3 Ways Enterprise Architects Can Bridge the Socio-Technical Gap
09 August 2023
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19 March 2022
8 min read
Developers are on high alert about a hugely popular open-source package. Node-ipc contains malicious code and has been downloaded millions of times. Earlier versions arbitrarily overwrite files with a heart emoji for users with an IP geolocated in Russia or Belarus.
Reported as “protestware” this vulnerability has been categorized with a severity score of “9.8 critical” by the National Vulnerability Database.
There has been a mixed response from the open-source community, some users were upset with the package maintainer actions and others expressed their support. RIAEvangelist (Brandon Nozaki Miller) was responsible for embedding the malicious code and has since replaced the code with an undesirable behavior that imports the peacenotwar package.
On the peacenotwar update, Brandon Miller commented, “This code serves as a non-destructive example of why controlling your node modules is important. It also serves as a non-violent protest against Russia’s aggression that threatens the world right now. This module will add a message of peace on your users’ desktops, and it will only do it if it does not already exist just to be polite.”
Pepijn van de Kamp, Head of Innovation at SIG, explains how we responded to the discovery of this vulnerability,
“As soon as the word got out on Github Security Advisories that yet another open-source maintainer inserted malicious code into a commonly used package, we used Sigrid® | Software Assurance platform to verify whether our internal and our client’s systems were affected. Using our open-source health module, which automatically indexes all used open-source components, we were able to quickly check for the presence of any publicly reported security issues and resolve them.”
Rob Van De Veer, Security Principal at SIG, commented,
“I see this incident as DEFCON 3 in the software supply chain challenge. DEFCON 5 is about developers making honest mistakes, say after some Champagne (Heartbleed). DEFCON 4 is when attackers gain access to source code (e.g. SolarWinds) and DEFCON 3 is when developers become the attackers.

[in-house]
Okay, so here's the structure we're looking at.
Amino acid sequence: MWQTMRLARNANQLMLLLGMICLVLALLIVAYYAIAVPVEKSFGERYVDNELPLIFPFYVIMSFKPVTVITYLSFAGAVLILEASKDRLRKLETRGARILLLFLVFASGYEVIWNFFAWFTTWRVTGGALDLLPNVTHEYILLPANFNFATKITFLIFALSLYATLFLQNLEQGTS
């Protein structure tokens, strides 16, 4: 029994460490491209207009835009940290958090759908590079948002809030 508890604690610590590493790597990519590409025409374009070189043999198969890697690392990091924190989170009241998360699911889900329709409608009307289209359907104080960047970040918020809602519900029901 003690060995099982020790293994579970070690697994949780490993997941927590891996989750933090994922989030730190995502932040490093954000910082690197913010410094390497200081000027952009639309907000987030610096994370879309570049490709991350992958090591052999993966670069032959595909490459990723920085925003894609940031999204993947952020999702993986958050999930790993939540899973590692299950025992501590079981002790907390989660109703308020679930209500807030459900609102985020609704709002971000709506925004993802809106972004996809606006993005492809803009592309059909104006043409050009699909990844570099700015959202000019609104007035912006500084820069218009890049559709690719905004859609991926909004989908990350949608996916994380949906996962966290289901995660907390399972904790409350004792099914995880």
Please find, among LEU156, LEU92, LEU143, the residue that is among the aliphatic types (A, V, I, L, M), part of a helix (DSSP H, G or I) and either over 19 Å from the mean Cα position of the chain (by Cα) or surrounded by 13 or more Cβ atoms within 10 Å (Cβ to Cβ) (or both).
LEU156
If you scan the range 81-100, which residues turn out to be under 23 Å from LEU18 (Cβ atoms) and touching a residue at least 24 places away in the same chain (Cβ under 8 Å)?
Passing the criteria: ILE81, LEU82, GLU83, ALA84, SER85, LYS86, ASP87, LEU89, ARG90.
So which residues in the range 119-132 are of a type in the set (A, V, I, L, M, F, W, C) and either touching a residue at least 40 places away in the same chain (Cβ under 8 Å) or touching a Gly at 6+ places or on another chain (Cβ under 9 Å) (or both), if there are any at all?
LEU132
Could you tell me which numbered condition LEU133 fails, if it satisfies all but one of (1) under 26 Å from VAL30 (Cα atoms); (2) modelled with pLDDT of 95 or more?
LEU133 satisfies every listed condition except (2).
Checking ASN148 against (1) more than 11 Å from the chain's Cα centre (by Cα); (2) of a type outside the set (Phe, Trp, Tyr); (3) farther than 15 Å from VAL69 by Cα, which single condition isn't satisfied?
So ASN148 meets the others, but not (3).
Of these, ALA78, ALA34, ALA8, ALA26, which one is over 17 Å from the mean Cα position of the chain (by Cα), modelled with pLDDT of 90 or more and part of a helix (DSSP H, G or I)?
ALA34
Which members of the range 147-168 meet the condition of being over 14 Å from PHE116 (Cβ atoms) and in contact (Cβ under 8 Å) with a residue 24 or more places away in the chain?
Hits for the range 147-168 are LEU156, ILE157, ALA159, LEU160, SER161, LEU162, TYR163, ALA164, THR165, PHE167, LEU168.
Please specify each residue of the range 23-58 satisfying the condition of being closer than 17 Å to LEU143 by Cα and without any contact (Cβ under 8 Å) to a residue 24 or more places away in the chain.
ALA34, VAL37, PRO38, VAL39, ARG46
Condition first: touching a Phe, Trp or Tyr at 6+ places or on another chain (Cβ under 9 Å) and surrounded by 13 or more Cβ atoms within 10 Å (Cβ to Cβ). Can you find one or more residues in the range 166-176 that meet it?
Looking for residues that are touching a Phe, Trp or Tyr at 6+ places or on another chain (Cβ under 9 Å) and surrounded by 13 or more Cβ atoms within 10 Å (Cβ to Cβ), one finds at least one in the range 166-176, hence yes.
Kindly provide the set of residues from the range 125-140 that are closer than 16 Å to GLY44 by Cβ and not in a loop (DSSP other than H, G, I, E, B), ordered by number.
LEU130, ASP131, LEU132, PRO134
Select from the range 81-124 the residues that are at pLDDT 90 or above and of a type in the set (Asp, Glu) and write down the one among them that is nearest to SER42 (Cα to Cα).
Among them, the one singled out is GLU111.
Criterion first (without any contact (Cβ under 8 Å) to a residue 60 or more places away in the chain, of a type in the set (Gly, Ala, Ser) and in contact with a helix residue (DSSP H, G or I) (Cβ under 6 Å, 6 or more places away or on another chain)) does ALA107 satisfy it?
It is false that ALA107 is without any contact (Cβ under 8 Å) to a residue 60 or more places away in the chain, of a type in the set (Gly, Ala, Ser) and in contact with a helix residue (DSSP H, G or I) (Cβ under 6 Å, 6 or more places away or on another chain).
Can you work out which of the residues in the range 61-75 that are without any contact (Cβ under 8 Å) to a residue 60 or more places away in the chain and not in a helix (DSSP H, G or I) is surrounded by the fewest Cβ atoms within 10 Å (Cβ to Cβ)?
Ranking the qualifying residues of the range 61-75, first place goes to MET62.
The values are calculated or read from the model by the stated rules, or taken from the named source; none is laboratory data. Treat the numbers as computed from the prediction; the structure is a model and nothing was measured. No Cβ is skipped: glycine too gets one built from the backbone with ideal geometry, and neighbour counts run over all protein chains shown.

Whether this attacker is morally right or not is beside the point. The safety and security of our digital world apparently depend on split decisions or little mistakes by individuals – right or wrong, intoxicated or perhaps having a bad day. The danger comes with the convenience of the modern-day software supply chain and it deserves attention that matches the risk, which means: a LOT of attention!
Proper secure software development is slowly catching on in organizations including the open-source world. As an industry, we’re taking steps, but slow ones. Slowly we are realizing the risks, slowly we are accepting that scanning tools will not find all weaknesses including the intentional ones. Slowly we are accepting that with all this affordable re-use it also comes with a responsibility that requires a budget.
In software security: there is no free lunch!”
If you would be interested in seeing a live demo of how we resolved security vulnerabilities and open-source risks using Sigrid® | Software Assurance platform exposes hidden risks and opportunities in your source code to assure full control over your application landscape. Get in touch to see a live demo.
Inter-Process Communication Module for node supporting Unix sockets, TCP, TLS, and UDP. Giving lightning speed on Linux, Mac, and Windows. A solution for complex multiprocess Neural Networking in Node.JS
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